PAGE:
Roberts criticized the government’s reading of the law saying that the chemicals used in the Bond case were not the sort that an ordinary person would associate with instruments of chemical warfare.

“We are reluctant to ignore the ordinary meaning of ‘chemical weapon’ when doing so would transform a statute passed to implement the international Convention on Chemical Weapons into one that also makes it a federal offense to poison goldfish,” he said.

Roberts closed the opinion by saying “there are no life-sized paintings of Bond’s rival washing her thumb. And there are no apparent interests of the United States Congress or the community of nations in seeing Bond end up in federal prison, rather than dealt with (like virtually all other criminals in Pennsylvania) by the state.”

The chief justice was joined by Justices Anthony Kennedy, Ruth Bader Ginsburg, Stephen Breyer, Sonia Sotomayor and Elena Kagan.

Follow @ABCNewsRadio
Copyright 2014 ABC News Radio

Read More →

KAREN BLEIER/AFP/Getty Images(WASHINGTON) — President Obama should choose a post-9/11 vet, or at least someone “extremely familiar” with the community, to replace Eric Shinseki as Veterans Affairs secretary, a veterans advocacy group insisted Monday.

“We are the growing need. We are the future,” Iraq and Afghanistan Veterans of America (IAVA) CEO Paul Rieckhoff said. “We’re not a problem, we are the solution.”

A post-9/11 vet with a thorough understanding of technology could “turn the VA from Borders into Amazon,” better serving the growing number of vets struggling with complex injuries such as traumatic brain injury, he said.

The 200,000-member organization in its 10th year outlined an 8-point plan on Monday to help get the beleaguered VA back on track.

In addition to seeking leadership, Rieckhoff said the VA’s current IT system — which includes the scandal-plagued scheduling system that left veterans waiting months for appointments — is “woefully outdated.”

“And the backlog itself is scandalous,” he continued. “The fact that it got that bad and took that much to get the country to act is, in our opinion, scandalous as well.”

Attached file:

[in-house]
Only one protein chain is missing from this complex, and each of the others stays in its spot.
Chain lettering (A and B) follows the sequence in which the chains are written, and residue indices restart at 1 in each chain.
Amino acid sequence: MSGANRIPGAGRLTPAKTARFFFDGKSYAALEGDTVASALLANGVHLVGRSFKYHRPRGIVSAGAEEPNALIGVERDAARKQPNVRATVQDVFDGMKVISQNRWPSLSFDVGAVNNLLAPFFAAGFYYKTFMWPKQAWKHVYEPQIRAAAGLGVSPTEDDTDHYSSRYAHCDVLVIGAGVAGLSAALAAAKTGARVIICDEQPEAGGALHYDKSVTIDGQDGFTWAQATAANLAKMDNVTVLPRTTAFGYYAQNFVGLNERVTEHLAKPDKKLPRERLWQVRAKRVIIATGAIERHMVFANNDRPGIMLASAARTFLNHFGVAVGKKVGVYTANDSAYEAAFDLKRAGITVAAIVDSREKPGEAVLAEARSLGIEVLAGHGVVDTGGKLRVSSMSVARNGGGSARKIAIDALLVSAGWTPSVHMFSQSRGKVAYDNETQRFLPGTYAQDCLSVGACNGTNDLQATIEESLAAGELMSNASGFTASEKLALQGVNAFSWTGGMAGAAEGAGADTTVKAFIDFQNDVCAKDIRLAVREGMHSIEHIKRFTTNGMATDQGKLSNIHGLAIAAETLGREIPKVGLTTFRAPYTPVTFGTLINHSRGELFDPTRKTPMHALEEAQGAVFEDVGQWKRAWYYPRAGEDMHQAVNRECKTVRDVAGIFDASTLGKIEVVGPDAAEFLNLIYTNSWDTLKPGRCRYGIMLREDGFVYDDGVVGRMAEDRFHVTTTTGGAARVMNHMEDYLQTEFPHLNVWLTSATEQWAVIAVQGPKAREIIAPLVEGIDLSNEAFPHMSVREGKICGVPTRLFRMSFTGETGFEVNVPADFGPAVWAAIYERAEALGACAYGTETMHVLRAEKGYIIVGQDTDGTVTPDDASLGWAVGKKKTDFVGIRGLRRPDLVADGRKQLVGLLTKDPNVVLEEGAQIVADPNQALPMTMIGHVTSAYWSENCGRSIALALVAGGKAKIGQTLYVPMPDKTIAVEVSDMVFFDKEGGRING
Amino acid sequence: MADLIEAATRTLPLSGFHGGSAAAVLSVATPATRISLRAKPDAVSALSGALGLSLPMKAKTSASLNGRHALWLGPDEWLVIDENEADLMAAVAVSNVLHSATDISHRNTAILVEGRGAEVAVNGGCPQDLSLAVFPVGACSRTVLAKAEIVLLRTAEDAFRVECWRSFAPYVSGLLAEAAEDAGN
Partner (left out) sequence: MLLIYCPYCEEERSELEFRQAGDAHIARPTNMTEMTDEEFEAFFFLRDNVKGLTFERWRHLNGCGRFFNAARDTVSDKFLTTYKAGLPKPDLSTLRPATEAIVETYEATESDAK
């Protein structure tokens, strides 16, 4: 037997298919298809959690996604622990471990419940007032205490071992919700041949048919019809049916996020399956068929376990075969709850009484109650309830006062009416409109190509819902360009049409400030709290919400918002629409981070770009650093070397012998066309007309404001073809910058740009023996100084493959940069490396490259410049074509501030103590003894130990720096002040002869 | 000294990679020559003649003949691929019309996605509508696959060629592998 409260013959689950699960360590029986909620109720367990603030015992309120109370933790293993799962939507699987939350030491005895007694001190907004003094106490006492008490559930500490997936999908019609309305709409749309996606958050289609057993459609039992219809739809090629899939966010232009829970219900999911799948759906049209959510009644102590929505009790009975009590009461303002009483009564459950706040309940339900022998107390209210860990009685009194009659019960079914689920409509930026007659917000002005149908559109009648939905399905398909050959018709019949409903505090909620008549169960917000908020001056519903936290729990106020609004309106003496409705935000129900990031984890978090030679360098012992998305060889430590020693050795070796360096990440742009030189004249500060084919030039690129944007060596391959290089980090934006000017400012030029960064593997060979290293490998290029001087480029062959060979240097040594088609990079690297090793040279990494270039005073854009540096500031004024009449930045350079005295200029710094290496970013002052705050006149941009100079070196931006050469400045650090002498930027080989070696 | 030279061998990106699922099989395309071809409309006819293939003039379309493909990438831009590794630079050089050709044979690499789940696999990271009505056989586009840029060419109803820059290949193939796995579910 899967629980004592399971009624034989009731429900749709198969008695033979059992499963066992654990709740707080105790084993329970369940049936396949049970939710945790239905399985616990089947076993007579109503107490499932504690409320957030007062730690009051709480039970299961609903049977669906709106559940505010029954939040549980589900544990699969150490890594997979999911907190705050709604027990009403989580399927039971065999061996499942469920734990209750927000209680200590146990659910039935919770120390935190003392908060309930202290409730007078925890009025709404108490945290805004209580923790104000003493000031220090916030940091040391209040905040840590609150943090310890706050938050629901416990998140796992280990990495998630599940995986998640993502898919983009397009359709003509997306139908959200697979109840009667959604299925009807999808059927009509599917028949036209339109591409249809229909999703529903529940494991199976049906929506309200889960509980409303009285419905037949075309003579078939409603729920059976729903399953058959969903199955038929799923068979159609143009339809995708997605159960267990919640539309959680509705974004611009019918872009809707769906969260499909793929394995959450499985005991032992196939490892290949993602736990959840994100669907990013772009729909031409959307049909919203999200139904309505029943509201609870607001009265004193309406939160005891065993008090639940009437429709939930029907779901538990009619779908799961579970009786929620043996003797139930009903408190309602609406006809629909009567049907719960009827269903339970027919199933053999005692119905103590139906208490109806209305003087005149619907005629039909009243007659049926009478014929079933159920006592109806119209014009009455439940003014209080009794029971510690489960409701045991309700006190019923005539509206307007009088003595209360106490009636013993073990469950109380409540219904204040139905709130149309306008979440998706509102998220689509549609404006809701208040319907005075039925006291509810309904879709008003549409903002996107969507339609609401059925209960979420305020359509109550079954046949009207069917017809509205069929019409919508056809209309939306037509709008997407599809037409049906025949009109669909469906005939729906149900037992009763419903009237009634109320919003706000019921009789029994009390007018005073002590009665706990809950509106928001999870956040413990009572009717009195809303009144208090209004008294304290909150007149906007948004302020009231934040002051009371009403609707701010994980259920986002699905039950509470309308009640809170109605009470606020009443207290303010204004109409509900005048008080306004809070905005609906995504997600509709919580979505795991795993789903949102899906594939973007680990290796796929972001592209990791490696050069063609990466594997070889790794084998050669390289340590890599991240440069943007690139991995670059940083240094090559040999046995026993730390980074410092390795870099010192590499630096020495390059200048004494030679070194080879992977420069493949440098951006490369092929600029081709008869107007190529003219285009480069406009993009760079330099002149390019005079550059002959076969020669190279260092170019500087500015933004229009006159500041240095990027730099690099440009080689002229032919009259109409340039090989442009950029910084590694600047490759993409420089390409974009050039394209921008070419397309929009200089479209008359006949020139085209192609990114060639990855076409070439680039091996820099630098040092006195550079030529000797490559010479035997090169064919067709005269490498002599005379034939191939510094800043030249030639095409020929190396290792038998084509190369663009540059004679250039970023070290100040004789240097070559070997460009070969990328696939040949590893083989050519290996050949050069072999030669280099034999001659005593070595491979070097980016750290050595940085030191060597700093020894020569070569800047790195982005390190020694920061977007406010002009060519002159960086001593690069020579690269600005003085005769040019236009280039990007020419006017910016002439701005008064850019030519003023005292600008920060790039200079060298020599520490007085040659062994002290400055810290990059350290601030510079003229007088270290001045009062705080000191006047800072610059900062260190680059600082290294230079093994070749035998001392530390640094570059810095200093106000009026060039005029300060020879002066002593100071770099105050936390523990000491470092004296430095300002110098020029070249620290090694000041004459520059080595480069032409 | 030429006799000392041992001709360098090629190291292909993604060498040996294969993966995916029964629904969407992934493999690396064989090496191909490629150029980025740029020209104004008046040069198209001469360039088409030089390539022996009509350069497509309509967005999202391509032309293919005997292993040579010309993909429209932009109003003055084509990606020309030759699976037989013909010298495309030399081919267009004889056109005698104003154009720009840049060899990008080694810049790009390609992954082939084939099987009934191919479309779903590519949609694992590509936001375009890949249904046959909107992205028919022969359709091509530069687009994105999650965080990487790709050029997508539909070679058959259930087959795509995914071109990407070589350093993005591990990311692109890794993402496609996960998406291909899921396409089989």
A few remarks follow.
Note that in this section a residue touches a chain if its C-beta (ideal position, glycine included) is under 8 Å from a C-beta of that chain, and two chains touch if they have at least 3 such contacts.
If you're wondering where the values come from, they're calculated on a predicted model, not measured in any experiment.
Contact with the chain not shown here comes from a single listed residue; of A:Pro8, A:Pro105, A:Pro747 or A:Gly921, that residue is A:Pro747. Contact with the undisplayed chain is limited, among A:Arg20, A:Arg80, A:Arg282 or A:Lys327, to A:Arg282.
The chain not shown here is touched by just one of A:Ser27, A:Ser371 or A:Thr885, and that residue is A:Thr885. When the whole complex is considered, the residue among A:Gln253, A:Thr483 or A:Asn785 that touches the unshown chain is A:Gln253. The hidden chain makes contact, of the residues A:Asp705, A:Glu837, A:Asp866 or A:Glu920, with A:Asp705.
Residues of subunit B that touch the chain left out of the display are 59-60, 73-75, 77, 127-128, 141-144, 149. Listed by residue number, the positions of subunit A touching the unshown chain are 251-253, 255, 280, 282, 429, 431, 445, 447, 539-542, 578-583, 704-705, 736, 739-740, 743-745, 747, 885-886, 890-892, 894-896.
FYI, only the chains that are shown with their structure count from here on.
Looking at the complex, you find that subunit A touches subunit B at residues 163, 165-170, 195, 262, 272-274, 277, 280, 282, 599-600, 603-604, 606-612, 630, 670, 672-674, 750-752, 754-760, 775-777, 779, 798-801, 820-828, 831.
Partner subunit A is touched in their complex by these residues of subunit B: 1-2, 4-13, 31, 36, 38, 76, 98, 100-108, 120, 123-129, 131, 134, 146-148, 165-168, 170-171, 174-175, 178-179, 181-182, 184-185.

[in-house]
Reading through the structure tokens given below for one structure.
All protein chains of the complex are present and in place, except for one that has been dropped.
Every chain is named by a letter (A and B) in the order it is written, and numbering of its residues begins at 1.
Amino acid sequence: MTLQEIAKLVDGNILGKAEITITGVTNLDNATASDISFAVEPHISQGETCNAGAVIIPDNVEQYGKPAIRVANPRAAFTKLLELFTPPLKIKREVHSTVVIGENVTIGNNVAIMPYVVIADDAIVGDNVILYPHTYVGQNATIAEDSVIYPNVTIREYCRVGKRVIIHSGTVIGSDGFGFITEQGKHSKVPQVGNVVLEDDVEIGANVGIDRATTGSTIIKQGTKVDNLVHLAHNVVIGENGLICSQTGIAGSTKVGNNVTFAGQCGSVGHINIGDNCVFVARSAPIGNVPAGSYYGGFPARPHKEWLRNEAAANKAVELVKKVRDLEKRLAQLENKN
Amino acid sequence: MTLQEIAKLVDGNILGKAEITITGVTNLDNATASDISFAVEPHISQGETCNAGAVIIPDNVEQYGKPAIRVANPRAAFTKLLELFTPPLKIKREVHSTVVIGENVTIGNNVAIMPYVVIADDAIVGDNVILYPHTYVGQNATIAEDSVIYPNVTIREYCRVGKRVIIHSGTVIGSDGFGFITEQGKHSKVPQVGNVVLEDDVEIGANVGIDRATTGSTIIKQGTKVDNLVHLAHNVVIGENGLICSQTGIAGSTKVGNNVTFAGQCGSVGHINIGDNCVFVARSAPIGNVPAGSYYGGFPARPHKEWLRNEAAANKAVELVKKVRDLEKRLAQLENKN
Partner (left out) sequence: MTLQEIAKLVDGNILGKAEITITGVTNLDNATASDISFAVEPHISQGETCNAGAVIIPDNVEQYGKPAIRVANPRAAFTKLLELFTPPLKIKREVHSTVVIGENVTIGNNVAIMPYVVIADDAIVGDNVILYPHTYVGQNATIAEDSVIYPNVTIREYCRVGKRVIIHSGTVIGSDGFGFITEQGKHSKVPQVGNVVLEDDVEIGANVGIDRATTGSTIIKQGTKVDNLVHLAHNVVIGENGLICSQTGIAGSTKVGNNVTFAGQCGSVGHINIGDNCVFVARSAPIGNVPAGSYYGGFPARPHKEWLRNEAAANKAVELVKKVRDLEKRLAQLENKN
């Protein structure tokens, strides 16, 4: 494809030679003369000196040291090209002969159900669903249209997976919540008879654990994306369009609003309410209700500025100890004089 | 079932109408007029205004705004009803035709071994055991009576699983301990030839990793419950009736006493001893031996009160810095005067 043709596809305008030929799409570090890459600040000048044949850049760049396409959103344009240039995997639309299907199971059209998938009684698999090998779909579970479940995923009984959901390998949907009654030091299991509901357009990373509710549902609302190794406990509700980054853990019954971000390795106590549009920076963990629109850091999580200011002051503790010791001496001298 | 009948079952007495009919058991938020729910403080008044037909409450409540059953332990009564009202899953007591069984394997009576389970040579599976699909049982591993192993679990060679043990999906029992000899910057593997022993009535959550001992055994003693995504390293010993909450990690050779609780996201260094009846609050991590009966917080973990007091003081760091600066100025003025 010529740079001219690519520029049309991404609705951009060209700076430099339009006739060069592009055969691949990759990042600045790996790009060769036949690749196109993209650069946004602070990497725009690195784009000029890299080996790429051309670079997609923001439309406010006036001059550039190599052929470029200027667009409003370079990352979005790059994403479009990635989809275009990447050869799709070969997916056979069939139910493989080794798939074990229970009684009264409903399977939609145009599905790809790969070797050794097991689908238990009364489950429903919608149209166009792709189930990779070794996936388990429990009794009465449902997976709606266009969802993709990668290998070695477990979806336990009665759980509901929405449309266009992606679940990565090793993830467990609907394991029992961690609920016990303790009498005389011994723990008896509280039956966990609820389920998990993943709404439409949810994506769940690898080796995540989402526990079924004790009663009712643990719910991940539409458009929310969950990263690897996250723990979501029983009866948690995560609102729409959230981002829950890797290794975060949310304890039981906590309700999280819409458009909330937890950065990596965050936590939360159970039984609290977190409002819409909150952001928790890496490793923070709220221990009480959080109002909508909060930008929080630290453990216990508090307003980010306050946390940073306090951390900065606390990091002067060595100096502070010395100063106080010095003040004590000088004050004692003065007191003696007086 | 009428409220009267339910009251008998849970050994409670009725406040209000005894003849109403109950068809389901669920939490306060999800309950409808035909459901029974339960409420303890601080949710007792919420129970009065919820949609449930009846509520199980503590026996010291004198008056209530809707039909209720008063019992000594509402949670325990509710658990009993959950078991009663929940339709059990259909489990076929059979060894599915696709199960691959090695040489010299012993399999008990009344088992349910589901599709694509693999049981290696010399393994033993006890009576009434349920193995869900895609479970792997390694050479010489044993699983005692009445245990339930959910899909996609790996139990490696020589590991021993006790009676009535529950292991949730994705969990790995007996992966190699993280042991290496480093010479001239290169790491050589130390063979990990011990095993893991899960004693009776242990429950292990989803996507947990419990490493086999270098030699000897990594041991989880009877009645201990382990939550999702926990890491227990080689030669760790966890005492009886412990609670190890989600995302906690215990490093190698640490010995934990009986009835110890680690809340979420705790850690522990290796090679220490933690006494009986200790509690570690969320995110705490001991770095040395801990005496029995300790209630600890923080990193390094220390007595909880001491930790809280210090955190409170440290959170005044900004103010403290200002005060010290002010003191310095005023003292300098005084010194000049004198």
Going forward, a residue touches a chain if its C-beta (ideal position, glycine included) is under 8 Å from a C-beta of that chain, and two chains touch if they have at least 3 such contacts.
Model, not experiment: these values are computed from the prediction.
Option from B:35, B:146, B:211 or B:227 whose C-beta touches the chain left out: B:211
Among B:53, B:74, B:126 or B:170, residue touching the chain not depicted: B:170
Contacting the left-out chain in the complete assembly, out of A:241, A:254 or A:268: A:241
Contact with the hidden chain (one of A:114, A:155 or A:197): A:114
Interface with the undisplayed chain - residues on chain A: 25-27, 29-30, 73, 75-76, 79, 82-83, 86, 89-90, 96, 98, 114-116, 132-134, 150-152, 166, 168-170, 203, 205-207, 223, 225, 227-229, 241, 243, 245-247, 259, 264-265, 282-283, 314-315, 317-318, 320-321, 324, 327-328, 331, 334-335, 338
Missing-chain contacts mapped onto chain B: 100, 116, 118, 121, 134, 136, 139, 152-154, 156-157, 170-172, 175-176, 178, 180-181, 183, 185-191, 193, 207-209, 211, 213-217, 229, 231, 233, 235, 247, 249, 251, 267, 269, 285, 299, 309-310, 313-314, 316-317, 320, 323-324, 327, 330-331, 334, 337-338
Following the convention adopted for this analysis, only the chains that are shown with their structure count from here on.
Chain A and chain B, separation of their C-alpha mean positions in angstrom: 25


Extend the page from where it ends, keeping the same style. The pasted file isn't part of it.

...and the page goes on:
Rieckhoff, himself a veteran of the Iraq war, called for increased presidential leadership, and criticized Obama for his “slow response” to the wait time scandal, which surfaced weeks ago when a whistle-blower alleged that hospital executives had been cooking the books to maintain a façade of efficiency.

“It shouldn’t have taken four weeks for the president to respond,” Rieckhoff said. “”People knew this was going on. If you weren’t outraged, you weren’t paying attention.”

Marine Corporal Aaron Mankin, who was severely wounded by an improvised explosive device in Iraq, joined Rieckhoff in saying that in addition to Congress and the president acting, responsibility also lands on the American people.

“Everywhere I go, people want to tell me, ‘Thank you, thank you for your service.’ They want to shake my hand and hug my neck or buy me a beer,” Mankin said. “The time for saying thank you has passed. The time of being thankful is now….And we need the American people in a way that maybe we never have before.”

For Rieckhoff and Mankin, the systemic failure of the VA has been one of the most troubling.

Rieckhoff also demanded a full criminal investigation, saying those who broke the law by falsifying records should “be rooted out…and brought to justice” where warranted. He also urged Congress to pass the VA Management and Accountability Act, which would allow the VA secretary to fire employees.

As for Shinseki, “It was clear that Secretary Shinseki had to go, and we salute his service….But now we’ve got a new challenge before us,” Rieckhoff said. “America is finally paying attention…[but] we’re very concerned that the country’s going to turn the page.”

Bowe Bergdahl, the American prisoner of war who was recovered from the Taliban in exchange for five Guantanamo Bay prisoners Saturday, was welcomed to join the organization and welcomed home by his fellow service members.